Double-parking crackdown in downtown Fredericton hurts business, owner says

Some businesses in downtown Fredericton say the city has suddenly started cracking down on double parking by couriers, causing companies to miss deliveries and posing a threat to their bottom line.

City has started ticketing couriers, putting deliveries at risk, say businesses

Businesses in downtown Fredericton say the city has started enforcing laws against double parking along Queen Street, which may lead them to miss deliveries. (CBC/Joe McDonald)

Some businesses in downtown Fredericton say the city has suddenly started cracking down on double parking by couriers, causing companies to miss deliveries and posing a threat to their bottom line.

Luke Randall, owner of Endeavours on Queen Street, said that over the last week a driver making a delivery to his store reported getting a fine for double parking on the street. 

Delivery vehicles on Queen Street are getting fines for double-parking on their stops to businesses downtown. One business owner said that's going to be a problem. 1:25

"I've been in business in 23 years. We've never had a problem with double parking," Randall said.

The crackdown presents a huge challenge for his business because there are few commercial loading zones nearby, and they're usually occupied, he said. 

If drivers can't find a place to park and don't want to get fined, Randall said, he's worried he might start missing deliveries altogether.

Luke Randall, the owner of Endeavours on Queen Street, says if couriers can't make their deliveries to his store over fear of getting a parking ticket, he might have to move. (Joe McDonald/CBC )

"So my question would be, how do we get them? If we go to the depot, how will we park?" he said.

"They don't get paid for circling the block, so that is ultimately going to mean that they may not want to be delivering here. And if they won't deliver here, we have to move."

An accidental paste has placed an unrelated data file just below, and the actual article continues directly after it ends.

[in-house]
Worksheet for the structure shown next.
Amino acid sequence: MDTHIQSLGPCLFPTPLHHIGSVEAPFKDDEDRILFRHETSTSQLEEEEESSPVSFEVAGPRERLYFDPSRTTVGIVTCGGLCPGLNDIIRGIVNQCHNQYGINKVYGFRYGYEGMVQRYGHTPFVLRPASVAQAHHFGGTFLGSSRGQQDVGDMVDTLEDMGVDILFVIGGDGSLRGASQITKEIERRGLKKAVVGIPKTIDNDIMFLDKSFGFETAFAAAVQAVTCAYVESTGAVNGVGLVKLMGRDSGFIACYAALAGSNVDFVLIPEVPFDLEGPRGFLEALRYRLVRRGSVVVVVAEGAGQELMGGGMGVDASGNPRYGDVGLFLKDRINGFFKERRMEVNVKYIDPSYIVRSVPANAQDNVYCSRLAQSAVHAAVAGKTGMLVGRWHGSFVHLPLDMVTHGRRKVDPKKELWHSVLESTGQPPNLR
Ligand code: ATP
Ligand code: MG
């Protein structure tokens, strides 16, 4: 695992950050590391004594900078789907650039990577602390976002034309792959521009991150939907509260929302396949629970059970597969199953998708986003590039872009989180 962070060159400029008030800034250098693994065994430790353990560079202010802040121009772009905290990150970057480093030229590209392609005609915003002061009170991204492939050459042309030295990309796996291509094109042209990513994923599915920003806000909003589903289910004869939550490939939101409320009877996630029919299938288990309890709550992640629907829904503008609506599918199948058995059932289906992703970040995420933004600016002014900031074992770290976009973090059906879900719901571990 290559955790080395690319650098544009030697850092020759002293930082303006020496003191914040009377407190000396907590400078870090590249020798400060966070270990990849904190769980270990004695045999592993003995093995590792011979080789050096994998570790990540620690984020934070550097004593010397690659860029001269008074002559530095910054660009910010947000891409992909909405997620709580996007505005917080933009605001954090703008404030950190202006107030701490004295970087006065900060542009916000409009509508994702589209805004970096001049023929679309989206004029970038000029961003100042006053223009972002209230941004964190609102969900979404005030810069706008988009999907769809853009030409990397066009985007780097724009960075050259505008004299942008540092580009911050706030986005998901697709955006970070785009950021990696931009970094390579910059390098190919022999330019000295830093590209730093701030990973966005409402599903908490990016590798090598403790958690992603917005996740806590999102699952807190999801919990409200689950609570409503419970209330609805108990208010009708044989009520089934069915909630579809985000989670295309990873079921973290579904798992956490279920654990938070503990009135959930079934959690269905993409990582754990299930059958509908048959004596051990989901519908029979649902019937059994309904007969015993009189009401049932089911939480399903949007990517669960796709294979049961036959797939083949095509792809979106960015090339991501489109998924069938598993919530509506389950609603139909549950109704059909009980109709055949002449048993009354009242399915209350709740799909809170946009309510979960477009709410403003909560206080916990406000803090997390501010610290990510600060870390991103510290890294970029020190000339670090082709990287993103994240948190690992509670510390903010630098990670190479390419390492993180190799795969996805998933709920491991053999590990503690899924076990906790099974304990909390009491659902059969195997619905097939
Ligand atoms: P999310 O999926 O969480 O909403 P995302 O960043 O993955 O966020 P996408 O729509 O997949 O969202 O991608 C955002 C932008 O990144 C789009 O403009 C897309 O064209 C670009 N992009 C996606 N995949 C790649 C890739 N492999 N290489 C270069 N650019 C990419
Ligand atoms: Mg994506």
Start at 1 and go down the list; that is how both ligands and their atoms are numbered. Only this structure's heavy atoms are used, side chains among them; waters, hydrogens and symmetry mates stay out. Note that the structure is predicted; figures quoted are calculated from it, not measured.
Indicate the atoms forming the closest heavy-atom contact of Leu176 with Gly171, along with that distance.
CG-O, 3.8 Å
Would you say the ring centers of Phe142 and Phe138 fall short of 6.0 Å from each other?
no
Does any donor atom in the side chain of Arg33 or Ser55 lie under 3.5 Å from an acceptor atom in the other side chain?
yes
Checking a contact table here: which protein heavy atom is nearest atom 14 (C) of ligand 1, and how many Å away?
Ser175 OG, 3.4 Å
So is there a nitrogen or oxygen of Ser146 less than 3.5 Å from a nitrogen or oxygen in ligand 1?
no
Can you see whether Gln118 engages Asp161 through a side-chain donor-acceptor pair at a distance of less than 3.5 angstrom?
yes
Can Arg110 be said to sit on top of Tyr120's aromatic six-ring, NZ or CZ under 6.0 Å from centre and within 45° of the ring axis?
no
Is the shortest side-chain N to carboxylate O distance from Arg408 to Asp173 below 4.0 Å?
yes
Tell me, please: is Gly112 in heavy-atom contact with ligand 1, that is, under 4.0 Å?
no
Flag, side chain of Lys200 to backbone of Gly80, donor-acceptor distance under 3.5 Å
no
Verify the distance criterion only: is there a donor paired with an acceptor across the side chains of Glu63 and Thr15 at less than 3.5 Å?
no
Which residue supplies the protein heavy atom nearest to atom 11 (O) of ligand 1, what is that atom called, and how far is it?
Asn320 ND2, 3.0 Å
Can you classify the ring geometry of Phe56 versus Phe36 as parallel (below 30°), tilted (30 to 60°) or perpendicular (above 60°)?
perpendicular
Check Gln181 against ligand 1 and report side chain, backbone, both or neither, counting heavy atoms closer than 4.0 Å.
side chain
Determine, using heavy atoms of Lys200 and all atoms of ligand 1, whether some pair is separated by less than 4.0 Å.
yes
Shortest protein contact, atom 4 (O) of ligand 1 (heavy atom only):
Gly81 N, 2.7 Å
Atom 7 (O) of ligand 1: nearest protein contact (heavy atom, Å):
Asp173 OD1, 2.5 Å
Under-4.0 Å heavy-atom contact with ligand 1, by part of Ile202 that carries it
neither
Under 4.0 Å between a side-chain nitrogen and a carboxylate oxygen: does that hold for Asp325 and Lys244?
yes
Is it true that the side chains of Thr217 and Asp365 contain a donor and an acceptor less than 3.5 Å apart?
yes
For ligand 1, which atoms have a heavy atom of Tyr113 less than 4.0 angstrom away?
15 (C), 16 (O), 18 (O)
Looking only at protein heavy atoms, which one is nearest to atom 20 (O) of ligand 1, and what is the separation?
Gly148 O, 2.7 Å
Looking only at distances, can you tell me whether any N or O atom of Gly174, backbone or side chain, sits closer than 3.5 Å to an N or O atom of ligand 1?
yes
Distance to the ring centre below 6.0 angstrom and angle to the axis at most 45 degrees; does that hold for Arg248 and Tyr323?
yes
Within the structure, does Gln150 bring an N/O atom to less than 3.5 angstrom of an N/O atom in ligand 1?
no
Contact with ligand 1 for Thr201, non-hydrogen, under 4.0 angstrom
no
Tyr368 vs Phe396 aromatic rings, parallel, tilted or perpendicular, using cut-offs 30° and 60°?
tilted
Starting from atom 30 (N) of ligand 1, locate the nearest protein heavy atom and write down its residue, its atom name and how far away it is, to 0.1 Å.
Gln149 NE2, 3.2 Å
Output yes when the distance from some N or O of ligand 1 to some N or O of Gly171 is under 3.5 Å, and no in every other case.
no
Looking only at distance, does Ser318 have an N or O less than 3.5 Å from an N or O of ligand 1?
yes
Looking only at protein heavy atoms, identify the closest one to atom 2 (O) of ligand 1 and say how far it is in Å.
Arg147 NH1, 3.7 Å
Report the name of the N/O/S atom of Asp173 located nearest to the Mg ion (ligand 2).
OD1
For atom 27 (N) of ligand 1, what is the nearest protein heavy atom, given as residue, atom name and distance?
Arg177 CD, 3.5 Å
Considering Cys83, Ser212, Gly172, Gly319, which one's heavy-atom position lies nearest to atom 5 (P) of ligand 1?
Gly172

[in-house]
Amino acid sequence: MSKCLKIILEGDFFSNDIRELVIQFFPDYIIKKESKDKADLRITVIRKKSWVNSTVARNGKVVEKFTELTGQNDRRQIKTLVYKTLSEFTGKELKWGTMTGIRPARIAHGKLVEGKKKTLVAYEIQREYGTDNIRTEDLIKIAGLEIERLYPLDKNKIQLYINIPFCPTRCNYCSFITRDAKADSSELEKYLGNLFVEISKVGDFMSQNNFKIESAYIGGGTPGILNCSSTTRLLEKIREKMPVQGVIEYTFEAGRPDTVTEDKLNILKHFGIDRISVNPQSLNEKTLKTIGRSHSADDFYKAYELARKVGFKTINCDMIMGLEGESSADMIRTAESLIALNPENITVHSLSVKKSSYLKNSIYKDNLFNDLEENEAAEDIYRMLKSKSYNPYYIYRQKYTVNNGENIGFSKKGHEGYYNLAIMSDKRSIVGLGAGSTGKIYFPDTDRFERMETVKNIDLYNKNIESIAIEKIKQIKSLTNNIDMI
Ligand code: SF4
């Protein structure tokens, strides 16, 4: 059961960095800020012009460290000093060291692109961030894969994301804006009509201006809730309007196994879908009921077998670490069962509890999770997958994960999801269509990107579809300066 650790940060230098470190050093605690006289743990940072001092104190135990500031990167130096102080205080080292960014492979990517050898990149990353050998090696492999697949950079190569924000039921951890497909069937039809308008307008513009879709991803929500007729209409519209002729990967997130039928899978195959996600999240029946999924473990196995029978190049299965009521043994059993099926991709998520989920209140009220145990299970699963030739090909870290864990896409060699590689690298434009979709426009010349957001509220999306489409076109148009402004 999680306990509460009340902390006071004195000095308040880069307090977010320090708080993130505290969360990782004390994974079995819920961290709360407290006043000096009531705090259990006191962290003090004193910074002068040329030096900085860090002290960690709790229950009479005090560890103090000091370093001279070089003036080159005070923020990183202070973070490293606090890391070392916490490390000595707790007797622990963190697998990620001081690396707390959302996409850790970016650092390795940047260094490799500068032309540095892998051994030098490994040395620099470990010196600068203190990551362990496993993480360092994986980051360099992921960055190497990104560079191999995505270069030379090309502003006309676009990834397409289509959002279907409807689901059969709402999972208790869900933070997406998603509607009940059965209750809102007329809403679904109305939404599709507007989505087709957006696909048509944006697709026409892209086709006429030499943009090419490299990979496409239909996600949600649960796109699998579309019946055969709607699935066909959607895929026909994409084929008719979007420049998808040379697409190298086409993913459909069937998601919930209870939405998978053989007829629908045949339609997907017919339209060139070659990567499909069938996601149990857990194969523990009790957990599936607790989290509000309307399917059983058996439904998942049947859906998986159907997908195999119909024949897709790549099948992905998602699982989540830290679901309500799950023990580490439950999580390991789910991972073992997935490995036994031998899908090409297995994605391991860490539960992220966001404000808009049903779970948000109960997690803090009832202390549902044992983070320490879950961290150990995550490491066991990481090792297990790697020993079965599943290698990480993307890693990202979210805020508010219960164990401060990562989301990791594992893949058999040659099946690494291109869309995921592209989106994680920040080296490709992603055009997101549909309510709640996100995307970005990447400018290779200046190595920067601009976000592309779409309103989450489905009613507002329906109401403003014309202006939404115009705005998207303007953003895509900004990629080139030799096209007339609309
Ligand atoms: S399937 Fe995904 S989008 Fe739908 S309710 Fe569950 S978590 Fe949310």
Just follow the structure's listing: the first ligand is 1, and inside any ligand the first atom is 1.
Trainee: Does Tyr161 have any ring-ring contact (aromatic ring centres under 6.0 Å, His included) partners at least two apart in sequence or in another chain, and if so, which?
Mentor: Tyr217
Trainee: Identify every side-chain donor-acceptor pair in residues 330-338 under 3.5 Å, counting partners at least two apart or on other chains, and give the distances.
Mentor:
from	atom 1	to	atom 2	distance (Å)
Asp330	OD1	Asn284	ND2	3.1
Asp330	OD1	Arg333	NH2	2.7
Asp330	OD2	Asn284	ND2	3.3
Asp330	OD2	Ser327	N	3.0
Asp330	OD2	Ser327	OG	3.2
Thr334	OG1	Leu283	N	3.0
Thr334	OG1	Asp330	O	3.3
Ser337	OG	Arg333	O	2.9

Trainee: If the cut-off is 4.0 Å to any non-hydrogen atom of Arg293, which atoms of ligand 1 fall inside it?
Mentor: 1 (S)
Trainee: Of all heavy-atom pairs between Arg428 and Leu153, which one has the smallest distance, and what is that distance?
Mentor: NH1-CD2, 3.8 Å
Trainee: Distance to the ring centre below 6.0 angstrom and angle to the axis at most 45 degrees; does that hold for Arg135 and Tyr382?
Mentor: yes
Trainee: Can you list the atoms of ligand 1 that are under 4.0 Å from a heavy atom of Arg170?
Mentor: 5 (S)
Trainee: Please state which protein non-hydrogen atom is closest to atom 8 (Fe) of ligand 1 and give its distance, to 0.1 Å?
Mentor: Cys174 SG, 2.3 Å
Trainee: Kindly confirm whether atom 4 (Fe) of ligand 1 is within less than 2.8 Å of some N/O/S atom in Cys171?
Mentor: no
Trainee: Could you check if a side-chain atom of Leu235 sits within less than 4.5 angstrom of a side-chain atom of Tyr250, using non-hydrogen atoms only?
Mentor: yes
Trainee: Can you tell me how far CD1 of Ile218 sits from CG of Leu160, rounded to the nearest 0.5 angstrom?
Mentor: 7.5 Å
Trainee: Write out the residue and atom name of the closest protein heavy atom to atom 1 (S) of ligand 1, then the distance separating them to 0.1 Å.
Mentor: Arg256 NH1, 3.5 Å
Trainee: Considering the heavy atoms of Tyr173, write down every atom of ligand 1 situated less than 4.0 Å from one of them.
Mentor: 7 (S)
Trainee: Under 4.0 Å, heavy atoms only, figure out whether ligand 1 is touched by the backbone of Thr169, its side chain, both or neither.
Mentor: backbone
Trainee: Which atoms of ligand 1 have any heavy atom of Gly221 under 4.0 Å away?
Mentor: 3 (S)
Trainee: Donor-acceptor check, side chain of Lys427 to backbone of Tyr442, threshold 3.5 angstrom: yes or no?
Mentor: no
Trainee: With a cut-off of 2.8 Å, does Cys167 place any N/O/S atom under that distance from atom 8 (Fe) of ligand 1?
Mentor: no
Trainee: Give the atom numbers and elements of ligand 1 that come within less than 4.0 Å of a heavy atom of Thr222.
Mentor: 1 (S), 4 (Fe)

Several businesses affected  

Randall is not the only one raising alarm bells over the increased enforcement.  

Bruce McCormack, general manager of Downtown Fredericton Inc., said the uptick in enforcement is affecting businesses all along Queen Street.

He said businesses were never given a heads-up about the ticketing, so for the city to suddenly start enforcing the law downtown, after looking the other way for years, seems "ill-handed."

"The double parking on Queen Street has been going on for longer than those offices that are giving the tickets are old," he said.

"For the city to all of sudden say we've gotta clamp down on this, and start handing down tickets, I think is a poor way to do business."

He added that if the city is going to crack down on double parking downtown, then it needs to add more loading zones.

Bruce McCormack, general manager of Downtown Fredericton Inc., says the city should install more commercial loading zones if it's going to crack down on double parking. (CBC/Joe Mcdonald )

"Because obviously there's not enough if they have to double park."

Both McCormack and Randall said they reached out to Fredericton Mayor Mike O'Brien, who told them he's looking into their concerns. 

Police respond 

Alycia Bartlett, a spokesperson for the Fredericton police, said that over the past two weeks, officers have issued eight written warnings and two bylaw tickets to commercial vehicles for illegal parking downtown. 

She did not explain exactly what prompted the enforcement but said police are trying to encourage compliance ahead of the summer construction season.

She said police will work with downtown businesses to address their concerns. 

With files from Allyson McCormack and Joe McDonald

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